J29 JEDBURGH

1 Pump, Retained

Stations

1924 to 1938 Bow Well
1938 to 1979 Queen Street, JEDBURGH.
19/4/1979 Pleasance, JEDBURGH.                   Photo

Firemasters

 

1979 to                       Sub Officer Stewart McPhail

2002                            Sub Officer Oliver

 

Appliances

1897   Two Engines (bought from Hawick)  
1898   One Engine possibly a Manual  
1924   Appliances including a Fire Escape  
1938   Morris Commercial Lorry, 40ft Ladder and Dennis TrP  
  GXH579 Austin K2/Home Office/SEAFB HrT
1952 KFS29 Commer QX/Cuerden WrT
1972 XSG847K Bedford TKG/HCB Angus WrL
1984 LSF401T Dodge G1313/HCB Angus WrL
1992 E107MSC Dodge G13c/Mountain Range WrL/R
2001 N305FSG Scania 93M-250/Emergency One WrL/ET
2007 SN03XGC Scania 94D-260/Emergency One WrL/ET
2017 Oct SN09BJY Scania P270/Emergency One RP

 

Brigades

 

1941 to 1948 National Fire Service
1948 to 1975 South Eastern Area Fire Brigade
1975 to 2005 Lothian and Borders Fire Brigade
2005 to 2013 Lothian and Borders Fire and Rescue Service
1/4/2013 Scottish Fire and Rescue Service

 

Notes

The South Eastern Fire Area Administration Scheme Order, 1948

  Equipment Retained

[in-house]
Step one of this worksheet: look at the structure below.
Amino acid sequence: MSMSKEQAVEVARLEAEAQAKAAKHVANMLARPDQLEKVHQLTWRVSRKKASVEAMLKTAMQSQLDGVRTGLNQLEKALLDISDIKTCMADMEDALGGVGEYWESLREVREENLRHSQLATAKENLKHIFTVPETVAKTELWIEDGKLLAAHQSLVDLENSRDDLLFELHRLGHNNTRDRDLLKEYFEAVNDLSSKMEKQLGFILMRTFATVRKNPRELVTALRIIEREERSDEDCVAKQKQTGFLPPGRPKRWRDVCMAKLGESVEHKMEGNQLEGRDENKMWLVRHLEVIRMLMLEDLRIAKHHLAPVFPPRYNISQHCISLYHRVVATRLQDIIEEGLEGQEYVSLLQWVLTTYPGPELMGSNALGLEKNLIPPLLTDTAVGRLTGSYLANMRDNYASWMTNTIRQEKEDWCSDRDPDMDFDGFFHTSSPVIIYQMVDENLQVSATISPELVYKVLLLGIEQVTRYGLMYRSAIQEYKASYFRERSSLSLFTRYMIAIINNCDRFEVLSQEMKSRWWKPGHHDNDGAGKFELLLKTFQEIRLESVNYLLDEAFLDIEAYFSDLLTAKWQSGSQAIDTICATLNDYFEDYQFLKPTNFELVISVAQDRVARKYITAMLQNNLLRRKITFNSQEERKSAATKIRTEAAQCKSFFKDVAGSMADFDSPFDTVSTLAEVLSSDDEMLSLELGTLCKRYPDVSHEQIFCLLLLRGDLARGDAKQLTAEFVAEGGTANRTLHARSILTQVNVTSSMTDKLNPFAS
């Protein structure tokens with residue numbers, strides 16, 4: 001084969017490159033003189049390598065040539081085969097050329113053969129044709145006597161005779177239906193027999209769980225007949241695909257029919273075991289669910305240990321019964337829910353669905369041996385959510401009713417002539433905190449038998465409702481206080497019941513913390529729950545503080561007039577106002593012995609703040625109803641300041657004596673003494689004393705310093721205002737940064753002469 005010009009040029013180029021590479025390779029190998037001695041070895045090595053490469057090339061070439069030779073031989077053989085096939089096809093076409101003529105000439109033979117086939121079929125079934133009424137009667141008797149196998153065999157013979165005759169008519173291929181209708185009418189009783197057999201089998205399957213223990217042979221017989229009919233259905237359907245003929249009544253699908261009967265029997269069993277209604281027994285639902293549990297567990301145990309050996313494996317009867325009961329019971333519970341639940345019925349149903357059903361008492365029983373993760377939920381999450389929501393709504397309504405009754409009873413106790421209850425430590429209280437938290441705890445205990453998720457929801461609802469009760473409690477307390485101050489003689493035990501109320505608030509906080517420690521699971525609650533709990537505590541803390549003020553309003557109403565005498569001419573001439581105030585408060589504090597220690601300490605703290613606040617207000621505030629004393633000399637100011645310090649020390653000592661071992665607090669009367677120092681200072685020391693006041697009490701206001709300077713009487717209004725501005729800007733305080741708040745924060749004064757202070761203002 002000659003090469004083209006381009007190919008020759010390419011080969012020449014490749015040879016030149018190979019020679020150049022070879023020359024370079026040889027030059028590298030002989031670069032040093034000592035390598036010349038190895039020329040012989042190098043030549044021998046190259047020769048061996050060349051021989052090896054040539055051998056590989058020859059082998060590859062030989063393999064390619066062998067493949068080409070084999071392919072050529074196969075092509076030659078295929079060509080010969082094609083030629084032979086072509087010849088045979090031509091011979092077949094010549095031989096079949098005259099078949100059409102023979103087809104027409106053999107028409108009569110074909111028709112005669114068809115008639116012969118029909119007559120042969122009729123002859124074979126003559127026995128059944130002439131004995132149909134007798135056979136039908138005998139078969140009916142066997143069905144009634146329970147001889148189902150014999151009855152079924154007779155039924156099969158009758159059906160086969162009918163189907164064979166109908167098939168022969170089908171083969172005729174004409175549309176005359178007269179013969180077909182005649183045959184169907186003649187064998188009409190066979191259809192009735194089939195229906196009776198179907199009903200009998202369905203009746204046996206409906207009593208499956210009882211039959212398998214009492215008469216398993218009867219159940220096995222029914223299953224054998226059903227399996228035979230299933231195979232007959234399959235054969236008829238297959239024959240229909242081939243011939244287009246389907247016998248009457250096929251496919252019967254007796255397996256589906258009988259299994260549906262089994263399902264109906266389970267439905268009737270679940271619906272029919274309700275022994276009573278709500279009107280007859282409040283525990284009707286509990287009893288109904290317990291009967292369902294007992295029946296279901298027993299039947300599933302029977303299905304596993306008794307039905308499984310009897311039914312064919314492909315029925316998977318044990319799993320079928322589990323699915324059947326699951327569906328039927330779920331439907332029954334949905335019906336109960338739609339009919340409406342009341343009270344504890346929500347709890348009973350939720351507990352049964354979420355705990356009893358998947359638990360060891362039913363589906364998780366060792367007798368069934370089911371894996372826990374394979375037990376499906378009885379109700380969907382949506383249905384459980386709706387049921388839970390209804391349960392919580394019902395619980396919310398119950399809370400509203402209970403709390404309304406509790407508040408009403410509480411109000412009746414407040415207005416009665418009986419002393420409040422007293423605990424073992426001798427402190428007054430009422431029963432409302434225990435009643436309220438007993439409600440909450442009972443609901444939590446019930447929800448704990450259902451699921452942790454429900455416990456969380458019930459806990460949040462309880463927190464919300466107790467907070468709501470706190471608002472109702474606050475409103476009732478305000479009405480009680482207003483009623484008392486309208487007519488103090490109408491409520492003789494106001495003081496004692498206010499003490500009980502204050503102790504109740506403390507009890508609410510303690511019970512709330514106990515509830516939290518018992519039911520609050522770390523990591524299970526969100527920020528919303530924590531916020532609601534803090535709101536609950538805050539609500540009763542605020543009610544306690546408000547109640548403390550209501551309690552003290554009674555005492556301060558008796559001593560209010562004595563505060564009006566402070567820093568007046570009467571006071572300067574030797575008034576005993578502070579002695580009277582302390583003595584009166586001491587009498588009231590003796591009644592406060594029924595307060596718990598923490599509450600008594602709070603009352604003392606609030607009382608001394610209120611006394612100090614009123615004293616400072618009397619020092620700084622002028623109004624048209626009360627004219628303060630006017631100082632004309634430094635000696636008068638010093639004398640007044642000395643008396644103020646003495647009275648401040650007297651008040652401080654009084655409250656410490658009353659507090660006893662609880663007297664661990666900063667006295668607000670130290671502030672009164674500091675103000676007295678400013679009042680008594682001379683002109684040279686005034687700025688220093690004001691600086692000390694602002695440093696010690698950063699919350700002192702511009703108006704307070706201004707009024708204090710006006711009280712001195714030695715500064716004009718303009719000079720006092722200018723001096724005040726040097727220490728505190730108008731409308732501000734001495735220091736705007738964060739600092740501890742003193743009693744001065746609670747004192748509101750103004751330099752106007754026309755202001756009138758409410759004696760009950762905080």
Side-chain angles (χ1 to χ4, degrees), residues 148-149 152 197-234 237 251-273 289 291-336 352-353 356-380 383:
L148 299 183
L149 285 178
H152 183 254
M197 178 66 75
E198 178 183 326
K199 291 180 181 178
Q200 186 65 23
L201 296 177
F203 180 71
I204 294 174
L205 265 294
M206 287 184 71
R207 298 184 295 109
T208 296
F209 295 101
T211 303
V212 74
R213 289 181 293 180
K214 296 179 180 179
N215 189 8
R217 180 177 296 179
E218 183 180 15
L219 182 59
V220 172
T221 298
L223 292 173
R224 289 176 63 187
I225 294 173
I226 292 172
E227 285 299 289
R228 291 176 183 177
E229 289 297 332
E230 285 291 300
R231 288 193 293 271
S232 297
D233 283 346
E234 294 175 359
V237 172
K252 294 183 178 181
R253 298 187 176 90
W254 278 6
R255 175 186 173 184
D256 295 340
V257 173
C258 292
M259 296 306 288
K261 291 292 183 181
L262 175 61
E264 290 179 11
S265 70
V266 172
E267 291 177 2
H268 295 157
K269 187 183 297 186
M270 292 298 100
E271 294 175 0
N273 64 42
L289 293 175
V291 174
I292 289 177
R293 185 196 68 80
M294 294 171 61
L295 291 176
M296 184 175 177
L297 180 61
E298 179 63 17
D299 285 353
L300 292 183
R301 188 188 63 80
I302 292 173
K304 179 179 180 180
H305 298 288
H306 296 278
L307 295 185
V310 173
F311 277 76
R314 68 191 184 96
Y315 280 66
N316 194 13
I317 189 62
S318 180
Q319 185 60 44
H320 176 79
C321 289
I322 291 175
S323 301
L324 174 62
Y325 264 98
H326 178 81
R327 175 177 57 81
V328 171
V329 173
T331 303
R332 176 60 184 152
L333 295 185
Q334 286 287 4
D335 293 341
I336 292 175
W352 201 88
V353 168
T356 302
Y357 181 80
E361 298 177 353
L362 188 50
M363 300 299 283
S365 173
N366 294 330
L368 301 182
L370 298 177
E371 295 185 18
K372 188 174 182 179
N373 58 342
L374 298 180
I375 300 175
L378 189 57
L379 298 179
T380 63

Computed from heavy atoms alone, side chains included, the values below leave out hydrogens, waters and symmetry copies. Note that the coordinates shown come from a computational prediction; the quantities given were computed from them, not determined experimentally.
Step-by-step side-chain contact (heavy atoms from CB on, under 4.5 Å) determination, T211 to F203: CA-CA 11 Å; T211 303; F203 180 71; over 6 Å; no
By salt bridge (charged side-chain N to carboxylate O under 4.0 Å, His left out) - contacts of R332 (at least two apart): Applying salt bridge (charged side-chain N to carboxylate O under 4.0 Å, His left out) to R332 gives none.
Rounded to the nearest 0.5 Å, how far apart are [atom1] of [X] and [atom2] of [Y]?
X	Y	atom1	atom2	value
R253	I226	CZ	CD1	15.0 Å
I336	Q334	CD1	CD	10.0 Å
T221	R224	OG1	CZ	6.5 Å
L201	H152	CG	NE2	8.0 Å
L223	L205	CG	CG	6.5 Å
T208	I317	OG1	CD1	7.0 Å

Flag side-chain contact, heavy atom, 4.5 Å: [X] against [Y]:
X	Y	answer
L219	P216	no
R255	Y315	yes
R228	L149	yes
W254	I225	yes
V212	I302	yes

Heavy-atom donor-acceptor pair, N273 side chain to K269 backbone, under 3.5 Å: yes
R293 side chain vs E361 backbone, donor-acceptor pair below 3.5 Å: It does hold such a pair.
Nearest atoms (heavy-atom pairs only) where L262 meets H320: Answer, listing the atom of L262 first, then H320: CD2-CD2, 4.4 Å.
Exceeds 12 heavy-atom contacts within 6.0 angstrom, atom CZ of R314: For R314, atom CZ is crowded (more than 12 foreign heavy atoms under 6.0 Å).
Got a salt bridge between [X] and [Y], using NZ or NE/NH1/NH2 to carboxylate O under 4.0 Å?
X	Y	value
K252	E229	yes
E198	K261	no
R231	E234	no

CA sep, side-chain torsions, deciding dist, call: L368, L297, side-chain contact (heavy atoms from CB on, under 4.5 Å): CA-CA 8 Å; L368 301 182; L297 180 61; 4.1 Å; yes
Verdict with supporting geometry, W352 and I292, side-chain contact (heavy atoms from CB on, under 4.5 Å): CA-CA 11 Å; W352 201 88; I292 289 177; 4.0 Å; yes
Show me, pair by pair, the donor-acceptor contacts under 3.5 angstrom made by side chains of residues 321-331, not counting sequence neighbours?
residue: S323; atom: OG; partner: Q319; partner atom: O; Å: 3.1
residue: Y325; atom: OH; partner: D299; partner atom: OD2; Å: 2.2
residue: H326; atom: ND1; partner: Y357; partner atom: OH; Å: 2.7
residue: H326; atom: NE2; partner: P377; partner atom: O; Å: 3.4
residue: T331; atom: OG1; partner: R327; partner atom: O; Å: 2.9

1 Tender and Large Trailer Pump 1 Leading Firemen
    9 Firemen

Establishment 1979

 

Equipment

Retained

 

1 Water Tender Ladder

1 Sub Officer

 

 

1 Leading Fireman

8 Firemen

 

 

 

Establishment 2000

 

Equipment

Retained

 

1 Water Tender Ladder

1 Sub Officer

 

 

1 Leading Firefighter

8 Firefighters

 

Jedburgh had a call sign of 45 in Lothian and Borders Fire and Rescue Service, this was changed to J29, the new National Call Sign on 3/5/2017.

 

JEDBURGH

Jedburgh, known as the "Gateway to Scotland", although a historic town going back to the 12th Century, has always had a progressive outlook. Before the war, the main sources of employment were the woollen industry, leather processing and the timber industry. Since the war, in two industrial sites within the town, other light industry has been encouraged to move into the area and to create more employment. These new industries include plastics, tool making and light engineering, "Starretts the Tool Makers" being the largest employing more than 500 people.
With a resident population of nearly 4,000, and an estimated five year growth of 9%, a programmed outlook has to be maintained to ensure future employment. At the present time, two existing firms are planning extensions to their premises, the Regional Development Programme includes further multi-purpose factory units and an 80-100 guest hotel and conference centre.
This new Fire Station is to replace the converted Lemonade Works which has served as a Fire Station since 1938. The present strength of the Station is one Sub Officer, one Leading Fireman and eight Firemen, all of whom are part time retained. The appliance is a Bedford Water Tender Ladder which carries 1,800 litres of water, has an inbuilt pump with a pumping capacity of 2,250 litres per minute and a 13.5 metre extension ladder. This appliance and crew serve Jedburgh and the surrounding district as shown on their Station area map. In the past five years they have attended 229 calls.